I insert the citation text I retrieved from AQ15 in place of the highlighted word link next to the [1]. Some cleanup is needed as all citations copied from AQ15 have a number at the beginning which I delete. Also, any formatting included in the citation will not carry over (see example above).

This is done for each citation. I have a preview of the post open in another tab on my browser so that I can see which event each citation is for. If the post is short, I will scroll up and down to check.

I usually wait until all citations have been copied over before I do the cleanup work. The citations may not be perfect or up to EE standards since I’m learning by doing instead of learning and then doing.

There is no need to format the URLs in the citations. Take a look at the preview to be sure the WP template you are using makes the links clickable.

One last thing I do with the list of sources at the end of my post is to change the text color to gray and bold the word Sources. With the template I used prior to this one, I had the option to use a smaller sized font. I opt to not leave a blank line between citations.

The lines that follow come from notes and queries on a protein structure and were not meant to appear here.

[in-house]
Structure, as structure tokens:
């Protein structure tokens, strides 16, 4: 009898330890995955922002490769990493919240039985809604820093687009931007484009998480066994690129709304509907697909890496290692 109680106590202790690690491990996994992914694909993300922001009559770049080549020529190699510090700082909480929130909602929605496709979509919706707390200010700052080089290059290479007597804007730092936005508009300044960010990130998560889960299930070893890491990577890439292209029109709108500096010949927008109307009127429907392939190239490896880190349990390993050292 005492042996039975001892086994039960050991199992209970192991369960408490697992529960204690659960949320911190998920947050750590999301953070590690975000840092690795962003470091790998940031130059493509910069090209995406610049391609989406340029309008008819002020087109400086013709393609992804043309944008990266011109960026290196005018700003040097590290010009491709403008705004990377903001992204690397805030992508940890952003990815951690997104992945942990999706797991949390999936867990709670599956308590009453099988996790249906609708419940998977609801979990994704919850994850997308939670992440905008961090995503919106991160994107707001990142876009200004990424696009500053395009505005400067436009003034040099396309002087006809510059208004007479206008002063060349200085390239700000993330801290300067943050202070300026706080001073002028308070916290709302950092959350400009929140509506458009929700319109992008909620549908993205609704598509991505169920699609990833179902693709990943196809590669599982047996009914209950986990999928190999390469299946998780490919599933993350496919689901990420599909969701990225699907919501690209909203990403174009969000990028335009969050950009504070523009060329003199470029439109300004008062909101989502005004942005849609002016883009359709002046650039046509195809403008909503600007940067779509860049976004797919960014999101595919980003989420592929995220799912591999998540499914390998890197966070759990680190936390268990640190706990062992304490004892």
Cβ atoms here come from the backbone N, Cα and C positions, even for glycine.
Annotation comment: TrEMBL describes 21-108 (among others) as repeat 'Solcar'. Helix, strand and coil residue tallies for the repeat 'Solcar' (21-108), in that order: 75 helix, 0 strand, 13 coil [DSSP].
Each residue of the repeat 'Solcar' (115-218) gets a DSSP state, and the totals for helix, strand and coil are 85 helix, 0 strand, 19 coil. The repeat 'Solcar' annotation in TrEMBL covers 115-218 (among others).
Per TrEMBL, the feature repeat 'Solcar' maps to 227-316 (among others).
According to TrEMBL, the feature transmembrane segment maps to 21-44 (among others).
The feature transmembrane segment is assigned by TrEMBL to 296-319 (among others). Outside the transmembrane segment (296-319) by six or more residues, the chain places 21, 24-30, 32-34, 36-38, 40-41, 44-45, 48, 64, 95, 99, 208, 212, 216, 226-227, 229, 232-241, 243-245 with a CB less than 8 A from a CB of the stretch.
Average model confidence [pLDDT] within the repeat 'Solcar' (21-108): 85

The trick to doing source citations on your blog is HTML code. It may seem like a lot of work but once you get used to the routine it becomes easier and quicker to do. Getting compliments from your readers, like I did from mine, will also help.

I’d love to hear from you if you try this out. If you have any problems or see possibilities of improvement, please let me know.


© 2017, copyright Cathy Meder-Dempsey. All rights reserved.


Author: Cathy Meder-Dempsey

As a military brat I've lived in Georgia, France, Idaho, West Virginia, Spain, South Carolina, Texas, and Luxembourg. Married 36 years with two grown children. When I’m not doing genealogy, I spend time riding my racing bike with my husband through the wonderful countryside in Luxembourg and surrounding countries.